Early Geriatric Service Paved the Way for Fast-Growing Palliative Care

The arrival of David Casarett, MD, as chief of palliative care services for general internal medicine at Duke Health in the fall of 2016 marked another key evolutionary step for one of the oldest and largest palliative care programs in the Carolinas.

A nationally known leader and innovator, Casarett plans to build a population-based approach to expand the program regionally by creating strong community partnerships.

It’s another step in a history of innovation for the palliative care service, which began at Duke as a small branch of geriatrics in the late 1980s. Early inpatient palliative service focused chiefly on managing end-of-life care at skilled nursing facilities in the Durham, NC, community.

Anthony N. Galanos, MD, a Duke palliative care specialist, was the first geriatrician at Duke to offer consultations at Duke Hospital and local skilled nursing facilities.

“The doctors I knew were always telling me I needed to see one of their patients in this wing or that floor,” Galanos remembers. “I wound up following patients everywhere, literally all over the hospital. It was incredibly demanding.”

Galanos’ efforts to build the fledgling program coincided with a growing awareness of palliative care as pain and symptom management anchored by patient and family communication regarding care goals.

“People were still thinking of palliative care as hospice in those days,” Galanos explains. “But hospice and palliative care are distinct entities. Palliative care is much more upstream. It’s more focused on patient and family choices, a plan of care, and a care objective.”

Galanos’ efforts were recognized and supported by Harry Jay Cohen, MD, director of the Duke Center for the Study of Aging & Human Development, and an early advocate for palliative care expansion.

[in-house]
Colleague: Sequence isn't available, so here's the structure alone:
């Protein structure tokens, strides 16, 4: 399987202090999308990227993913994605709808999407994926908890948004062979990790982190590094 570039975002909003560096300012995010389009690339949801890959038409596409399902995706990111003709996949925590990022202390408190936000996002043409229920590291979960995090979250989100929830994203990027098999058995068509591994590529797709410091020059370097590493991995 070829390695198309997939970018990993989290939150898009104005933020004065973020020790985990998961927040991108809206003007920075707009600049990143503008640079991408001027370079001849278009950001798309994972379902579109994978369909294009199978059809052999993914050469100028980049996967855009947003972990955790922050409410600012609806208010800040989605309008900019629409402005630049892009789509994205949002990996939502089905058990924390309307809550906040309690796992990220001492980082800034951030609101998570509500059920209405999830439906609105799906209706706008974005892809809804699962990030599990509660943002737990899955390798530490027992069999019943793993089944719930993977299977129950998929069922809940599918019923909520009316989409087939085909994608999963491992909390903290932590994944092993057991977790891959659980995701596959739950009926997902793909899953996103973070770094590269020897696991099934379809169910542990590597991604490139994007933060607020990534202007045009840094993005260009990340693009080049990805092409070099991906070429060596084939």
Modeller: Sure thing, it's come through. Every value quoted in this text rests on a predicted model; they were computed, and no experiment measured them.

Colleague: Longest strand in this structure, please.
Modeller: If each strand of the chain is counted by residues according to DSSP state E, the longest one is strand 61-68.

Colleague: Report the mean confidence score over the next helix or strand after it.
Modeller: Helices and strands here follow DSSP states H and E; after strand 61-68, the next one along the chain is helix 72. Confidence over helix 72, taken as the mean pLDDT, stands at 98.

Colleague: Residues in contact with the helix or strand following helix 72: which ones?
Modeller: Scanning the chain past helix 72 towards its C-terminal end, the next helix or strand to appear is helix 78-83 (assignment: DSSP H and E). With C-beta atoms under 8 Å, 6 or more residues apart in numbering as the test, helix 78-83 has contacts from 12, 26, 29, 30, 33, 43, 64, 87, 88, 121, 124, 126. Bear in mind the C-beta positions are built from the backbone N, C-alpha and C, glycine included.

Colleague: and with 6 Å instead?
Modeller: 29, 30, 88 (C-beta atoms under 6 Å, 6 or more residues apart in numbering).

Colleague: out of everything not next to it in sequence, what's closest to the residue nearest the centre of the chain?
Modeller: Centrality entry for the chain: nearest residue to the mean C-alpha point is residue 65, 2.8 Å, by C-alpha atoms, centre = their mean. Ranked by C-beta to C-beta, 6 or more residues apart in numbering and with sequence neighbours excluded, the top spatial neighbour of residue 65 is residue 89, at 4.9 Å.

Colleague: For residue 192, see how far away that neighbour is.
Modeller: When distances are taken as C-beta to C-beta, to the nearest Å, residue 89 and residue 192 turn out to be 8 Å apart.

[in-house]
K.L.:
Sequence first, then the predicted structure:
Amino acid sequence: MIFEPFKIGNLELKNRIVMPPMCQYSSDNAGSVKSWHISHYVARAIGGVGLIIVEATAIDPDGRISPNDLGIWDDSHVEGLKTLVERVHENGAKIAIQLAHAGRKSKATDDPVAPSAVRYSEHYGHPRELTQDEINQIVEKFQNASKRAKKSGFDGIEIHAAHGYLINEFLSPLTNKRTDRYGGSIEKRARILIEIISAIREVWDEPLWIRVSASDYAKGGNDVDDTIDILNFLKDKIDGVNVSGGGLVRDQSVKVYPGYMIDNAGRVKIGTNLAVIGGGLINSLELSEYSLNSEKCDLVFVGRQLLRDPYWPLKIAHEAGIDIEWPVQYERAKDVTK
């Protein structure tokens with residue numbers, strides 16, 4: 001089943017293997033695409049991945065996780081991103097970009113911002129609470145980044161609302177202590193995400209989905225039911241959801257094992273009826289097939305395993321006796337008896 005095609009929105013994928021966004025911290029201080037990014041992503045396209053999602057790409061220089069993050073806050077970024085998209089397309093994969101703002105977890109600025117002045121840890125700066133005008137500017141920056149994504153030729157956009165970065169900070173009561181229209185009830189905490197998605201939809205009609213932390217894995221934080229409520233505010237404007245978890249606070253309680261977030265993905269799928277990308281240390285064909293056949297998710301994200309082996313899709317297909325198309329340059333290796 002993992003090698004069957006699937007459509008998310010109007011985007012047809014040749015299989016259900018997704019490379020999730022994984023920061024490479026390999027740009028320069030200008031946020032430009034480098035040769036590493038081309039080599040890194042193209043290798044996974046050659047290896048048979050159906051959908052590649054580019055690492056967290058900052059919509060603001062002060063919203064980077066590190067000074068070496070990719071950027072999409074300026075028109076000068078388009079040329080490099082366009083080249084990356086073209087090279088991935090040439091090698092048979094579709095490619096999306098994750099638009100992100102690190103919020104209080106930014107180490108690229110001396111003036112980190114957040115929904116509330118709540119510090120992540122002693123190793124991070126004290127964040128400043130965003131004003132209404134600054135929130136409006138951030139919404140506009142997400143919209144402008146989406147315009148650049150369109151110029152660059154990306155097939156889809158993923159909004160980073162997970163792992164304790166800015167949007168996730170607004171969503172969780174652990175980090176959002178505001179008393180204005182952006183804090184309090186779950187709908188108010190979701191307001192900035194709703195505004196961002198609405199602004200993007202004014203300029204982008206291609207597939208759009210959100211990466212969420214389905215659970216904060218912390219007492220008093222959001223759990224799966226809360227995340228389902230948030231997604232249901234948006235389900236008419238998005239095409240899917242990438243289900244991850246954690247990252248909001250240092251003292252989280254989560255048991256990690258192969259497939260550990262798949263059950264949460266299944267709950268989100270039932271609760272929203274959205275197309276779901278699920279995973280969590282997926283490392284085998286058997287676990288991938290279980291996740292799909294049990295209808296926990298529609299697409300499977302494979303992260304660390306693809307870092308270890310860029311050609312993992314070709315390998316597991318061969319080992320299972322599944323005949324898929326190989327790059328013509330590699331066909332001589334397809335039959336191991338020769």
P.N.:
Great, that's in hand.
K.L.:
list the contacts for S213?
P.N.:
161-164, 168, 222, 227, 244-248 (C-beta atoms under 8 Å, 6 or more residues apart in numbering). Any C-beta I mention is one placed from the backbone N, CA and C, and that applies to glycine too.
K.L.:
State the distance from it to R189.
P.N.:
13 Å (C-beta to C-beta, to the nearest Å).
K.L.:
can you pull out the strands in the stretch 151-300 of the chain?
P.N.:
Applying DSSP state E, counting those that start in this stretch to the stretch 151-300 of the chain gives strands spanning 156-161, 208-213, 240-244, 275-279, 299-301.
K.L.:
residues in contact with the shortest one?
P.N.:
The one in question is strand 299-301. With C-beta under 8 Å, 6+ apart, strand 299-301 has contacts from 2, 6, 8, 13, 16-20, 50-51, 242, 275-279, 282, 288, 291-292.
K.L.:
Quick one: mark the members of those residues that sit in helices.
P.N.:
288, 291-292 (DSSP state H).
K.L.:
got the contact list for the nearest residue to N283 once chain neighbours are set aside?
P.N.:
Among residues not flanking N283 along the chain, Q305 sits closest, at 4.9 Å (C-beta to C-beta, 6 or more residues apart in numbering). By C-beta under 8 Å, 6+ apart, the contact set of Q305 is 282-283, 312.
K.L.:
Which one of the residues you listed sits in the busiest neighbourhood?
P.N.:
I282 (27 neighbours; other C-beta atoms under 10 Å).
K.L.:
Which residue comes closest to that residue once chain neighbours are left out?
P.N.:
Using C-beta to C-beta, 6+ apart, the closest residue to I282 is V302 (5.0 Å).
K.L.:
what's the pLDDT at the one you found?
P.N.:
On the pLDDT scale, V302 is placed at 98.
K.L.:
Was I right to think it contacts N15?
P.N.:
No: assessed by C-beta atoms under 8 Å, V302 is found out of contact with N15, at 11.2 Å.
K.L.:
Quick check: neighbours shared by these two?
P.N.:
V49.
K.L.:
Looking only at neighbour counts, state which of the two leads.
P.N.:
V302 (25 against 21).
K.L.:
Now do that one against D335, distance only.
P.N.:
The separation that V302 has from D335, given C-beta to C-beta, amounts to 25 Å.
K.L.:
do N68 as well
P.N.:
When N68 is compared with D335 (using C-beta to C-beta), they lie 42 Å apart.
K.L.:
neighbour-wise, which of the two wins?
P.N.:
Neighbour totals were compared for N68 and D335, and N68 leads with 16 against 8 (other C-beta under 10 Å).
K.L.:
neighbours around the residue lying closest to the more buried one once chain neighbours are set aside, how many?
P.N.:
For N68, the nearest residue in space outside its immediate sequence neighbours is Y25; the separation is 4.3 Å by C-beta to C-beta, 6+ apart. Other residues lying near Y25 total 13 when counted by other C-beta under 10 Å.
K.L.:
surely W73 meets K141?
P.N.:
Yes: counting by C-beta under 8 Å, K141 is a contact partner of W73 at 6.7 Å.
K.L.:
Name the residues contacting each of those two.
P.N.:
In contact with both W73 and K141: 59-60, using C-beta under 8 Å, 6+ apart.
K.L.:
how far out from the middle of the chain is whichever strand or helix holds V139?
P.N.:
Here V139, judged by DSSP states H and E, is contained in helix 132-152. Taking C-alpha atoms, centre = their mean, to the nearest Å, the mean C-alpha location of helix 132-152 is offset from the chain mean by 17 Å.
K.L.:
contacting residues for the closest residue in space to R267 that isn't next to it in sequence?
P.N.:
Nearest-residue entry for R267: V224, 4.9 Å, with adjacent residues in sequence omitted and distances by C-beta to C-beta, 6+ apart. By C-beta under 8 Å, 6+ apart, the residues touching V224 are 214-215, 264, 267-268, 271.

By the early 2000s, the program had morphed into Duke Palliative Care Consult Service, a more defined initiative that included nursing and chaplaincy support. The contributions of professionals such as Jennifer Gentry, NP, helped fuel the growth. Gentry made 50 presentations to nursing groups in the community and at Duke Hospital to highlight the distinctions between hospice and palliative care.

With the guidance of Kevin W. Sowers, MSN, RN, now Duke University Hospital president, the old Duke Eye Hospital facility became the first permanent home of the palliative care clinic. Patients could move from long-term hospital care to a dedicated building.

“At that point we were doing 140 consults annually,” Galanos remembers. “We were still very busy. The success of the program kept it growing.”

Current metrics capture the growth curve. Palliative care had nearly 1,900 total consultations during 2015; of those, 1,200 were for general adult care, 600 were for adult oncology, and approximately 100 were for pediatrics.

“We have a very diverse service,” says William D. English, MBA, MSHA, administrative manager. “Our goal is to figure out what the family wants and to bring everyone together with the least amount of interfamily trauma.”

The old Eye Hospital building has been torn down, but the palliative care program is now offered at Duke University Hospital, Duke Regional, and Duke Raleigh Hospital. The program includes attending physicians, nurse practitioners, chaplains, clinical pharmacists, and physical therapists.

Casarett, who came to Duke from the University of Pennsylvania where he directed hospice and palliative care and served as a faculty member for medical ethics and health policy, says the next growth phase will require the “invention” of population-based palliative care.

“Duke has a unique opportunity to invent the field of population-based palliative care and become the national leader in improving end-of-life care for populations,” Casarett says.